That’s “Sandunga,” the famous Frank Emilio composition. Is it a Cuban big band? Now it’s “Epistrophy.” The bassist is old school, almost Cachao-like in his solo style, not virtuosic, play-a-lot-of-notes nonsense, but connected to the tumbao. Is it the pianist’s record? Definitely not Chucho. The playing is modern and lean, not histrionic. Elio Villafranca? Was this recorded in Cuba? Here? Overseas?—like the WDR Big Band? Pickup orchestra or real orchestra? Beautiful arrangement, with lots of 16th note syncopations, very difficult to play. Right off the bat I thought a Cuban wrote it—the trumpets, trombones and saxophones are interspersed with high precision, the timba and sound of the swing are authentic, plus, let’s face it, not many jazz musicians know what “Sandunga” is. 4½ stars.

Gonzalo Rubalcaba
“Moore” (XXI Century, 5Passion, 2011) (Rubalcaba, piano; Matt Brewer, bass; Marcus Gilmore, drums)

Aruán Ortiz? David Virelles? Fringey stuff, fresh and new. I admire it. I have no clue. You can’t play with that much freedom unless you’re really listening. This person is not a replicator, is playing intuitively, in touch with the ebb-and-flow second by second, creating a holistic experience, very in tune with themselves as a human being. It’s extremely well-played, but not facility for facility’s sake. 5 stars. Gonzalo has redefined everything he does, which is extraordinarily courageous when you have huge success early on in the game.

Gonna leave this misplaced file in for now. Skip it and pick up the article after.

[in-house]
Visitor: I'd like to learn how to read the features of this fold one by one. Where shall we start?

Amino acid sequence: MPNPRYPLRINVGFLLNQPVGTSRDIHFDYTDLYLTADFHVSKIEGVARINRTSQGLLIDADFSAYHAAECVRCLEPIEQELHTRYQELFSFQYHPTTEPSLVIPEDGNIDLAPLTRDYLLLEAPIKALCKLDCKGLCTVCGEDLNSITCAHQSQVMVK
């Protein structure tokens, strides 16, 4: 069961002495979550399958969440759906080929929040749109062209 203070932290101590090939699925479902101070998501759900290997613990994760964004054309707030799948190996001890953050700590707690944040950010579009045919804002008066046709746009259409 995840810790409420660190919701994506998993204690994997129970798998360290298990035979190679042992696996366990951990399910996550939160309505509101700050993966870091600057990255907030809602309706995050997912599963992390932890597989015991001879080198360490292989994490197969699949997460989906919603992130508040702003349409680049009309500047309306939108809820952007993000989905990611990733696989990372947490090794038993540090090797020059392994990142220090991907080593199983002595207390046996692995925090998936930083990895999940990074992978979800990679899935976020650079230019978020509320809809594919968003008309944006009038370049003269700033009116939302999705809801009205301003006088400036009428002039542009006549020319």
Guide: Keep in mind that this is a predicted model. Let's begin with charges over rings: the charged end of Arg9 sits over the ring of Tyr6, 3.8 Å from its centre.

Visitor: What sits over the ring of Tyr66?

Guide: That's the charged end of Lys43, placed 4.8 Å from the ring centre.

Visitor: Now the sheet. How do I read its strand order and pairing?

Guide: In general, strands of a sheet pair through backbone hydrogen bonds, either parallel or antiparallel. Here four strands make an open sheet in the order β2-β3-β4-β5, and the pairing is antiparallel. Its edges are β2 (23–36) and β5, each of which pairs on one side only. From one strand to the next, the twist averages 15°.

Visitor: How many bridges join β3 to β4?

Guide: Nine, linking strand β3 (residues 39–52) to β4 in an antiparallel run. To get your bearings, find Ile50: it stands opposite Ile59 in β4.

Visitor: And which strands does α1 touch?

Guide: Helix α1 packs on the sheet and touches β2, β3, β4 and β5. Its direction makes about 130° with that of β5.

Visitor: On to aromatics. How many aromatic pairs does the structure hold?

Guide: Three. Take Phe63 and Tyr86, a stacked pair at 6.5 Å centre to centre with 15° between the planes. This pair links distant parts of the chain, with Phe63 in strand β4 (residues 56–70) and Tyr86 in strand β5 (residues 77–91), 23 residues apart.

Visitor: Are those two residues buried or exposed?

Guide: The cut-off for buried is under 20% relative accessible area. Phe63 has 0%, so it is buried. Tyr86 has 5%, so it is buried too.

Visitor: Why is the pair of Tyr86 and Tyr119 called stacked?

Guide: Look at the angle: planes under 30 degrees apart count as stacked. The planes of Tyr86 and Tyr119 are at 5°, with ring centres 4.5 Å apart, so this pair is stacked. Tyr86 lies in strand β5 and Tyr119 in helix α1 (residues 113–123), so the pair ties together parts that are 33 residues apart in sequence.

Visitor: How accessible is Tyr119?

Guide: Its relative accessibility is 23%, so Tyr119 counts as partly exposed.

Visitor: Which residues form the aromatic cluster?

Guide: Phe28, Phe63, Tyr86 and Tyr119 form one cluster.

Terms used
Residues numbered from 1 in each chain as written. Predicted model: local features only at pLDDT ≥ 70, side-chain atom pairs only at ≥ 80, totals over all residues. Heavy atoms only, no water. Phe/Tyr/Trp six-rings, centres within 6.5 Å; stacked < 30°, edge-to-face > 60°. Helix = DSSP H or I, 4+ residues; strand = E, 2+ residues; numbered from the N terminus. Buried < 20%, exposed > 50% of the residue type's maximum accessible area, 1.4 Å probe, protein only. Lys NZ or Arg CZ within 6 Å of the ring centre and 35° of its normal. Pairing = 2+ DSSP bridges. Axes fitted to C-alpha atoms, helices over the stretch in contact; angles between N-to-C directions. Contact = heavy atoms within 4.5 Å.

Sullivan Fortner
“Passepied” (Aria, Impulse!, 2015) (Fortner, piano; Tivon Pennicott, soprano saxophone; Aidan Carroll, bass; Joe Dyson, drums)

It’s pleasurable and nice to listen to, but didn’t challenge me in terms of chords or syncopation. Not that things have to be challenging; it’s stupid to make that an aesthetic reason to listen to something. Good composition; I liked the ending. The piece sounds young and studied. It didn’t sound easy to play. The pianist is very accomplished, a lot of contrapuntal skill. 3½ stars.

Fabian Almazan
“Jambo” (Rhizome, ArtistShare/Blue Note, 2014) (Almazan, piano; string quartet [Sara Caswell, 1st violin, Tomoko Omura, 2nd violin; Karen Waltuch, viola; Noah Hoffeld, cello]; Linda Oh, bass; Henry Cole, drums; Yosvany Terry, chekeré; Mauricio Herrera, batá)

Histrionic. But there’s a tumbador in there. String writing, contemporary language, Cuban-based with a conga part, an awareness of Afro-folkloric layering. When it dips into the harmonic world, the chromaticism is almost Romantic, but there are flourishes, clusters and very avant-garde writing. It’s interesting that the piano is mixed down and the drums are loud—the artist wants the composition to be center. I’ll assume the pianist went to ISO or whichever conservatory, but the cognizant use of rhythm shows he’s spent time playing rhythm-based music, and has a large repertoire of contemporary-sounding sounds, techniques and voicings. 5 stars.

Pedro Giraudo Big Band